Most economists, CEOs, and other business and finance experts agree that a recession is coming. You’re probably thinking, “Really? Didn’t we just have a recession?” And you’re not wrong. The difference is in the cause; an unprecedented global pandemic ignited the last recession. This time, experts point to more traditional reasons: runaway inflation, rising interest rates, and the soaring cost of living in most cities.
Talking about an impending recession can sound scary for those interested in safeguarding wealth and managing personal finances. But it’s important to remember we’ve been through this before. So while this might be the first time you’re confronted with the realities of recession concerning wealth, years of wise financial decision-making have primed you for this moment.
With that said, nobody survives a recession by sticking their head in the sand and hoping for the best. If the experts are correct and there’s a recession on the way, the following will prove to be the best way to make it through without losing your fortune.
Take a day or two to analyze and scrutinize your business dealings, investments, and other key components of your portfolio. Identify pieces that carry more risk than you’re willing to take into a recession. For instance, that startup you’ve been financially backing might struggle to meet data inventory compliance standards.
Given the risk of huge fines and penalties, consider voicing your concerns over their failure to comply. Likewise, pore over your investments to spot any red flag of elevated risk. Doing so now will minimize the losses you experience in a future recession.
Generally speaking, diversifying your investments makes it harder to lose money. That’s because everything is less likely to drop at once, which happens when you put all your eggs into one basket. In addition, investment diversification becomes even more crucial during economic downturns due to the potential rippling effect happening across the economy.
Those worried about an upcoming recession need to speak with a fiduciary to determine the best course of action. A financial expert will be a reliable authority on which investments to keep, which to sell, and which to acquire.
Those warning about an upcoming recession seem to agree on one thing: it’ll be harsh but short. But, of course, nobody knows for sure, so those gearing up for an economic downturn should start saving as much as possible. For instance, take the money from selling stocks and tuck it into a CD for the following year. It might seem like a waste of good working capital, but doing so may prevent a significant loss in the months ahead.
Are you in the market for a new car? With a recession on the way, it might be best to trade the luxury vehicle for a more basic model. On the cusp of renewing an office or apartment lease? Maybe move into smaller, less expensive digs for the next six months.
Given the likelihood of a short-term recession on the way, we aren’t suggesting any major lifestyle adjustments. But if the choice is between bullish displays of wealth or bearish retreats into frugality, we highly recommend the latter whenever there are whispers of recession.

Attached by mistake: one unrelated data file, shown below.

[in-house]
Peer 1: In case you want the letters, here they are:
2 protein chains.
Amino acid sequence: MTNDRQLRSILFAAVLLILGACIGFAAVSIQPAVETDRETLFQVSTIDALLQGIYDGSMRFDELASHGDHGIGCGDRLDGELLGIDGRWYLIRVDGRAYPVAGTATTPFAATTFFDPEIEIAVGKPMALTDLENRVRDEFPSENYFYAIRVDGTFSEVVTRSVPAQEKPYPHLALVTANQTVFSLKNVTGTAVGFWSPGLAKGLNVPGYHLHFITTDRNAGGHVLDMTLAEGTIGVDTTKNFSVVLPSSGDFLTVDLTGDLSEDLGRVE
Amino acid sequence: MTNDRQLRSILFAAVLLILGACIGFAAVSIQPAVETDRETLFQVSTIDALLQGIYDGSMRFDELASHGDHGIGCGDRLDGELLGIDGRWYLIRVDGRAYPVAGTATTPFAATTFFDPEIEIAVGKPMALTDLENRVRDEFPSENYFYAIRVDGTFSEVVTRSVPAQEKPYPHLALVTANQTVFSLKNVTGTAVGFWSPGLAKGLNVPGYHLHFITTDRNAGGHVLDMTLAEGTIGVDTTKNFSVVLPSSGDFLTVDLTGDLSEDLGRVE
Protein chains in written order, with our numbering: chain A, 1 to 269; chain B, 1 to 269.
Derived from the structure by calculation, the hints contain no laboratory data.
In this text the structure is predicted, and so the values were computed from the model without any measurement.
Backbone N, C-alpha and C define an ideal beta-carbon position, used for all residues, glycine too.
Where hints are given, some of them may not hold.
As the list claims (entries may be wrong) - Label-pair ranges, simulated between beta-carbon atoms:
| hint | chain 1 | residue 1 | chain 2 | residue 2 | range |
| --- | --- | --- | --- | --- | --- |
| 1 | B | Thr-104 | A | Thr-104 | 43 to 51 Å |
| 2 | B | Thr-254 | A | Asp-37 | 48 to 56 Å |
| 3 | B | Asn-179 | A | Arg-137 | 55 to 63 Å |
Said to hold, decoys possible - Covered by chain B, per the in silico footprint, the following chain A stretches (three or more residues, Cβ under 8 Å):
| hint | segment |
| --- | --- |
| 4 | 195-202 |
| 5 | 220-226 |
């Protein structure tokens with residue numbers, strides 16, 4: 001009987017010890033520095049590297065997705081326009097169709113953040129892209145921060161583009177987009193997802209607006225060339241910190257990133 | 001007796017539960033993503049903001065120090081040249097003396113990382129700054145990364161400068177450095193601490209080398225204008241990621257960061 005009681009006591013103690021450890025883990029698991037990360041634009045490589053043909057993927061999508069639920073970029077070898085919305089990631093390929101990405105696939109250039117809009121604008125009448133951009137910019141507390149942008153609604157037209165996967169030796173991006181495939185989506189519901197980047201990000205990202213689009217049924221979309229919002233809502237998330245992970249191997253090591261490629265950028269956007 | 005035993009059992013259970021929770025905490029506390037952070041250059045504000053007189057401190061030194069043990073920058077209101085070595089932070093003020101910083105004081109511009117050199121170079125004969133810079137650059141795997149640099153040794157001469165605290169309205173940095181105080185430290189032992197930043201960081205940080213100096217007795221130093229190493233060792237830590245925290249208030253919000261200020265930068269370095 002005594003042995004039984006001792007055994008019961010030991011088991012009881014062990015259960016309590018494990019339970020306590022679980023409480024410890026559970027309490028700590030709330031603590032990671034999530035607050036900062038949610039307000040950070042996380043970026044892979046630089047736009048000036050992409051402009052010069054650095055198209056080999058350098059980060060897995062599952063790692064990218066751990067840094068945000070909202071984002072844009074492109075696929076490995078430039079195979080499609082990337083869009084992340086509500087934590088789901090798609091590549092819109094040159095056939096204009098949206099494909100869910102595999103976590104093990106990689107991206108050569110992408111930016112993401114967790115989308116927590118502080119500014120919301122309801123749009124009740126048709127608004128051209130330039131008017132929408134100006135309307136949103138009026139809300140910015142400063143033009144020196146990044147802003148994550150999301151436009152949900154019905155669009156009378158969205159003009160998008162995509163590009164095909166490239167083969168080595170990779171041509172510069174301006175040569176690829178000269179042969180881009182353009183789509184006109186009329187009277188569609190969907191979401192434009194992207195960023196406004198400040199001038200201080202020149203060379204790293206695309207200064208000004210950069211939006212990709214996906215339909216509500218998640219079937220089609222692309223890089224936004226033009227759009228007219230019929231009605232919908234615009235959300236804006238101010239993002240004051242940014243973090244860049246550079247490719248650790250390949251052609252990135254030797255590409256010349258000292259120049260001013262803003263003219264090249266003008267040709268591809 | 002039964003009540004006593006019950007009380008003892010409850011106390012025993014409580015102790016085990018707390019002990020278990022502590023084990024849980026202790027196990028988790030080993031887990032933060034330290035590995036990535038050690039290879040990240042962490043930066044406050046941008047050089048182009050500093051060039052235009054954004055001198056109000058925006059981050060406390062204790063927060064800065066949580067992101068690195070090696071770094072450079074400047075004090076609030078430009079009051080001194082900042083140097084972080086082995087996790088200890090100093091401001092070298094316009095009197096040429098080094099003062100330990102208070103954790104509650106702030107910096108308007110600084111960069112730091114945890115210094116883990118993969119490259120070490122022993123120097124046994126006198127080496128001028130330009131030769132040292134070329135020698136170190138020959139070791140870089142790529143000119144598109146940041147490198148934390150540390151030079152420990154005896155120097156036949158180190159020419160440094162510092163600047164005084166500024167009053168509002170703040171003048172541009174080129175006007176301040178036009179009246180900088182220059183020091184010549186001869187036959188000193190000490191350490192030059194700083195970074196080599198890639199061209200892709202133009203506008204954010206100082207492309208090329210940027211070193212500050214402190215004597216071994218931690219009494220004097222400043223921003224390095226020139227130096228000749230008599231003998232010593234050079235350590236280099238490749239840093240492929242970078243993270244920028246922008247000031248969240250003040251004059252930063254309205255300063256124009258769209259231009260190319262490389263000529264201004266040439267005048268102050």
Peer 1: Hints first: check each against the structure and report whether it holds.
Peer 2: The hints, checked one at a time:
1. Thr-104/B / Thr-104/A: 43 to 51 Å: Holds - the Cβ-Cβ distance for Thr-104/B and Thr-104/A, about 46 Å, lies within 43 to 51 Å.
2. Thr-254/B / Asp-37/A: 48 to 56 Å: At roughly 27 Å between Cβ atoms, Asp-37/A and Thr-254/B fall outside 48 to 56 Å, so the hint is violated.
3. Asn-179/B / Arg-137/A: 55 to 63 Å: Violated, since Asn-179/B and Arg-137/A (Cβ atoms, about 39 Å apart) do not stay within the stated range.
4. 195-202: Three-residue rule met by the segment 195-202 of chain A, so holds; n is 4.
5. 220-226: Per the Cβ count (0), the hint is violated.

There’s been a lot of pressure on investors to act quickly in the wake of the pandemic recession. So chances are you’ve struggled to catch your breath. In the process – simply by having no time to think – you’ve probably made a few financial mistakes and regrettable investment decisions.
That’s the beauty of a recession; it gives you time to stop and think about your current financial situation. Then, please take it as an opportunity to improve your understanding of markets and elevate your financial acumen.
The thing about a recession is – sooner or later – things improve. The window of time referred to as economic recovery is a potential gold mine for savvy investors. The key is to bide your time and wait for the right moment to strike. With this in mind, remember to monitor financial news and economic updates every day. Thanks to mindful monitoring, an hour or two advantage can be the difference between successfully seizing on a shiny new investment opportunity and falling short.
Many experts anticipate a recession to strike sometime in the coming months. Though not as globally devastating as the pandemic recession or as profoundly impactful as the one in the early-2000s, it’s still a time for investors to step back and think carefully about what they do next.
This post originally appeared on Financial Pilgrimage.
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Mark is the founder of Financial Pilgrimage, a blog dedicated to helping young families pay down debt and live financially free. Mark has a Bachelor’s degree in financial management and a Master’s degree in economics and finance. He is a husband of one and father of two and calls St. Louis, MO, home. He also loves playing in old man baseball leagues, working out, and being anywhere near the water. Mark has been featured in Yahoo! Finance, NerdWallet, and the Plutus Awards Showcase.